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Do We Need an Over-the-Counter Birth Control Pill?

Do We Need an Over-the-Counter Birth Control Pill? Image
Written by vhigueras
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Pharmacists are often asked by women if there is a birth control pill that they could buy over-the-counter (OTC) and when they are told that there is none, the same women often question why that is so. One of the primary reasons why women seek an OTC birth control pill is because of the ease of access and convenience. Since these drugs are not available OTC, a large number of these women turn to platforms like Nurx, which make high-quality health care more accessible and affordable for women.

OTC Birth Control Pill — The Pros and Cons

There are more than 100 countries around the globe that offer contraception over the counter. But the U.S. is not one of them. In the U.S., women who want to use use the birth control pill must first see a physician and then get a prescription before they can buy these pills. This applies to all types of birth control pills, whether they are combination pills, progestin-only pills, or extended cycle pills. The only exception is the emergency pill, which can be purchased over the counter.

Those who support the availability of the birth control pill over the counter do so because such easy access could potentially lower the rate of unplanned pregnancies. Also, an OTC birth control pill could reduce health care costs, as well as reduce the risk of negative outcomes for pregnant women and newborns.

Several women’s health and equality groups advocate that birth control should be available OTC. They believe that it is a woman’s right to have such access and that it would give them greater control over their sexual and reproductive health.

At the same time, there are those who believe that the birth control pill should remain a prescription drug. They argue that this promotes safety. While birth control pills have been used for several decades and are relatively safe, they do have the potential to cause adverse side effects in some women. By consulting a health care provider first before starting the pill, women who might not be eligible for the pill can be identified.

Also, many women experience symptoms like acne, weight gain, depression, etc. when they start taking the pill. This usually happens during the initial period. Talking to a doctor may help women understand why this happens and why their body would eventually adjust to the drug.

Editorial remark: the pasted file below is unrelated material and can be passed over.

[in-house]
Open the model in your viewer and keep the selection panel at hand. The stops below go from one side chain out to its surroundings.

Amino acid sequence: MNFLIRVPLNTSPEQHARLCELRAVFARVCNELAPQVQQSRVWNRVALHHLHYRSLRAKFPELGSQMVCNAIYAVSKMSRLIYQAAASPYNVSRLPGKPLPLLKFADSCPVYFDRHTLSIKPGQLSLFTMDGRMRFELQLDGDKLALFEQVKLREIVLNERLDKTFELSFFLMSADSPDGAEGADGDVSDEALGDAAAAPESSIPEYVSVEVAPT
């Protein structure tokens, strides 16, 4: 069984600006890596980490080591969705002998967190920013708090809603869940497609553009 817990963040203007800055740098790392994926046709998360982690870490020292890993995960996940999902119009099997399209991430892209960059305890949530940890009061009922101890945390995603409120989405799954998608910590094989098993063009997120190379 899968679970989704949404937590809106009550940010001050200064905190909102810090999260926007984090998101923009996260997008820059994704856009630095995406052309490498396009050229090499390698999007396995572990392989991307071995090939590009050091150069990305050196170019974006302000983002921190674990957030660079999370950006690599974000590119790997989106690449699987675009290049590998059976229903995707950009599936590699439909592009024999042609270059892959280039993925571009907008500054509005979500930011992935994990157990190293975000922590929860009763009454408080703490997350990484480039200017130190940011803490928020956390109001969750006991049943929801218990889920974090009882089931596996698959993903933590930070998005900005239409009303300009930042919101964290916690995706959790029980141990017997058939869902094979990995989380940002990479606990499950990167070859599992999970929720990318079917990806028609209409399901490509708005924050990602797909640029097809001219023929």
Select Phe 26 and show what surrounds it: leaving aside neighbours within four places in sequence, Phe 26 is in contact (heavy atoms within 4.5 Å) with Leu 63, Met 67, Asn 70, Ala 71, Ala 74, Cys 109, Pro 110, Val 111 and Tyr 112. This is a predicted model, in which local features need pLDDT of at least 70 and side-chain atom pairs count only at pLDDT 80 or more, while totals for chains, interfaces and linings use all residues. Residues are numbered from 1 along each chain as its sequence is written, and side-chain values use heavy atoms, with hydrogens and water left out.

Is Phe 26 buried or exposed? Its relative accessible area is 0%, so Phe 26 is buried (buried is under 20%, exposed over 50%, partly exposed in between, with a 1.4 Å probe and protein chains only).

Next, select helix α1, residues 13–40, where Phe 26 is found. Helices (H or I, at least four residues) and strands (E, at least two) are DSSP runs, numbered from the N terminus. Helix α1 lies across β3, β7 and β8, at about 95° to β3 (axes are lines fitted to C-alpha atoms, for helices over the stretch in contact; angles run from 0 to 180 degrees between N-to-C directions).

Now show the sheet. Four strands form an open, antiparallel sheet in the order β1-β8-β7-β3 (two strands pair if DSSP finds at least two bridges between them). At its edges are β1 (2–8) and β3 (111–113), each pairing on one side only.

Women who obtain birth control pills through a prescription also have a greater probability of following up with their doctor. But this would not be the case if the drug were easily available for all. It is important to keep in mind that some women may be at risk for breast cancer, cervical cancer, or may suffer from blood clots. In any case, consulting with a doctor is always a good idea before starting any drug. Birth control pills are no exception.

When you visit your health care provider, you will need to provide your medical history and let the physician know if you’re taking any other medication. The doctor will examine you and obtain your blood pressure. In some cases, the doctor may also perform a breast and pelvic exam. These measures are undertaken to ensure that the patient’s body would not react negatively to the drug. Even though the pill is commonly used by many women around the world, it is important to identify women who might not be good candidates for the birth control pill. This can only be done if the woman goes to the doctor to obtain a prescription.


It is thus evident that while an OTC birth control pill would improve access to birth control, keeping it a prescription drug is beneficial for women and increases their safety. As far as access is concerned, there are other options such as Nurx, an online platform that offers a variety of birth control options as well as easy access to health care providers.


This blog pro­vides infor­ma­tion about telemed­i­cine, health and related sub­jects. The blog content and any linked materials herein are not intended to be, and should not be con­strued as a substitute for, med­ical or healthcare advice, diagnosis or treatment. Any reader or per­son with a med­ical con­cern should con­sult with an appropriately-licensed physi­cian or other healthcare provider. This blog is provided purely for informational purposes. The views expressed herein are not sponsored by and do not represent the opinions of Nurx™.

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